TL;DR: Light clients struggle to efficiently access and validate data on the mainnet due to challenges in obtaining concise witness proofs. Verkle trees help lightweight clients transition between blocks but can’t prove new state accuracy. Stateless clients lack state data for actions beyond transitioning. The Portal Network doesn’t fully address these issues. Our solution adds entities to the stateless verifier LC on the Portal Network with a cache to store important state fragments. We distribute the latest state using zero-knowledge proofs and propose a chase mechanism for efficient data retrieval. This addresses challenges in accessing state data for tasks like gas estimation and enhances lightweight client efficiency.
Light clients struggle to efficiently access and validate data. Currently, light clients, which rely on simplified verification, face challenges in accessing and validating the mainnet state due to the absence of concise witness proofs. These clients need to confirm blocks without having access to the full state.
Verkle trees allow very lightweight clients to consume proofs from other networks to transition from the last block to the new block. However, they cannot prove the accuracy of the new state root. If a stateless client discards all its stored information, it can still confirm the accuracy of new state roots. By doing so, a stateless client can still send transactions but cannot calculate gas estimates, perform ETH calls, or read Ethereum’s state since it no longer maintains any state data. The client is limited to actions that involve transitioning from one state to the next state root, without any specific state-related functions.
This is where the Portal Network comes into play. While it allows the reading of random state data, it doesn’t fully mitigate the core issue. The underlying challenge persists—efficiently accessing state data remains crucial for various tasks, including gas estimation. Additionally, Verkle trees, despite their benefits, don’t inherently solve problems like federated access to the state.
To bridge this gap, an innovative solution comes in the form of the Portal Network introducing a stateless verifier LC (Lightweight Client) with a partial state caching mechanism to enhance the efficiency of accessing specific segments of the state. It achieves this by storing frequently accessed or important state fragments in a cache, enabling clients to retrieve them more quickly than repeatedly traversing Verkle trees.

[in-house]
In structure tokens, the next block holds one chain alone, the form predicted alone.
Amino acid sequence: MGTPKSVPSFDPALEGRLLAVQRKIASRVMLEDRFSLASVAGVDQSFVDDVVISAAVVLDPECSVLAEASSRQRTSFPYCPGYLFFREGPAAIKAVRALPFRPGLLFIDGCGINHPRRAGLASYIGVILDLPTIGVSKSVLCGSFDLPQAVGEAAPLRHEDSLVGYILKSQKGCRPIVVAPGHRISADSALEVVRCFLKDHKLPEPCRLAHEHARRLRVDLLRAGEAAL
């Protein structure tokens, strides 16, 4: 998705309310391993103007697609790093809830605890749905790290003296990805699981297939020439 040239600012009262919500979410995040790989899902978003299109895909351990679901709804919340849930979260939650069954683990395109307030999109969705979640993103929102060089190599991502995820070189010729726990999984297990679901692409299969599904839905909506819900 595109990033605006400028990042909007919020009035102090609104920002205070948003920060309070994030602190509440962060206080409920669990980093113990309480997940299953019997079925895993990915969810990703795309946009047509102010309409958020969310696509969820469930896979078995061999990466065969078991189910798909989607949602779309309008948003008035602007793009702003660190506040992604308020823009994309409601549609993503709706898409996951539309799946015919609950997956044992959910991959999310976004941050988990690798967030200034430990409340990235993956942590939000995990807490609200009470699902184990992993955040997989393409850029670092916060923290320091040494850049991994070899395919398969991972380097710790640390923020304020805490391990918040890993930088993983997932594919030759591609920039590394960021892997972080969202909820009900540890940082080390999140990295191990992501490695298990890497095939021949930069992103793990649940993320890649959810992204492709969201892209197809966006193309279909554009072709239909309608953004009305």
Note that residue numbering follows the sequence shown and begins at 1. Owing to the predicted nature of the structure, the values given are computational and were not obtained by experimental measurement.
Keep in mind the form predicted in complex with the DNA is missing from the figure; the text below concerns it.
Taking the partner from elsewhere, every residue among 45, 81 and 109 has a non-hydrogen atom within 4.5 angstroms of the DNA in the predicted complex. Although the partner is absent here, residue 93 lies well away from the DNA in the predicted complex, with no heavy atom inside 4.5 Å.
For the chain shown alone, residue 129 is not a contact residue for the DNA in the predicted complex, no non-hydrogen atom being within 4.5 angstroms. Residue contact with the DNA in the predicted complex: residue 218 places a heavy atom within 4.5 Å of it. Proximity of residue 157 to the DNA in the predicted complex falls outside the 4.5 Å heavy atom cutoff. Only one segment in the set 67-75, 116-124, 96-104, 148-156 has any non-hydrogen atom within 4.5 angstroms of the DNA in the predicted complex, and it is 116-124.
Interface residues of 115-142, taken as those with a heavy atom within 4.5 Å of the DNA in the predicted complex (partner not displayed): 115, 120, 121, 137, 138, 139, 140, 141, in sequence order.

Our proposal of partial state caching complements has following value propositions:
Improved Retrieval for Stateless Clients:
Stateless clients lack the ability to store the full state and rely on external means to access data. By using partial state caching, we offer an efficient method for these clients to access vital state fragments, reducing their reliance on complex Verkle tree processes.
Less Data Transfer and Computation:
Stateless clients struggle with data transfer and computation. Partial state caching lets them access pre-cached data, lessening the need for extensive data transfers and computational work, in line with the efficiency objectives of stateless clients.
-Decentralized, Trustless Verification:
Stateless clients aim for trustless Ethereum network interaction. Through partial state caching, clients can independently verify cached state fragment validity using zk proofs, preserving trustlessness by eliminating dependence on a central source.
-Swift Data Retrieval: Cached state fragments are readily available, bypassing the need to rebuild or navigate the Verkle tree for each request. This rapid access to cached data results in quicker retrieval times compared to direct tree fetching, especially for frequently needed data.
Reduced Network Latency:
Cached fragments can be fetched locally, reducing the reliance on multiple network interactions for Verkle tree traversal. This minimizes network delay and enhances responsiveness.
Efficient Resource Use:
Cached fragments reduce computational load during Verkle tree traversals, particularly for complex state structures. This optimizes computing resource utilization.
Consistency and Validity:
The partial state caching mechanism ensures consensus-validated data, preventing caching of compromised or invalid data. This boosts integrity and data retrieval reliability.
-Optimized State Access:
Partial state caching can prioritize frequently accessed state fragments, catering to stateless clients’ needs for specific data subsets. This speeds up necessary information access, elevating overall efficiency.
- Improved Security and Reliability:
Stateless clients face security risks with third-party state data. Incorporating cryptographic proofs and cached state fragments empowers clients to autonomously verify data integrity, boosting security and reliability in Ethereum network interactions.
Ps. I’ve added an issue in my GitHub to propose an initial draft of the Cashe mechanism design.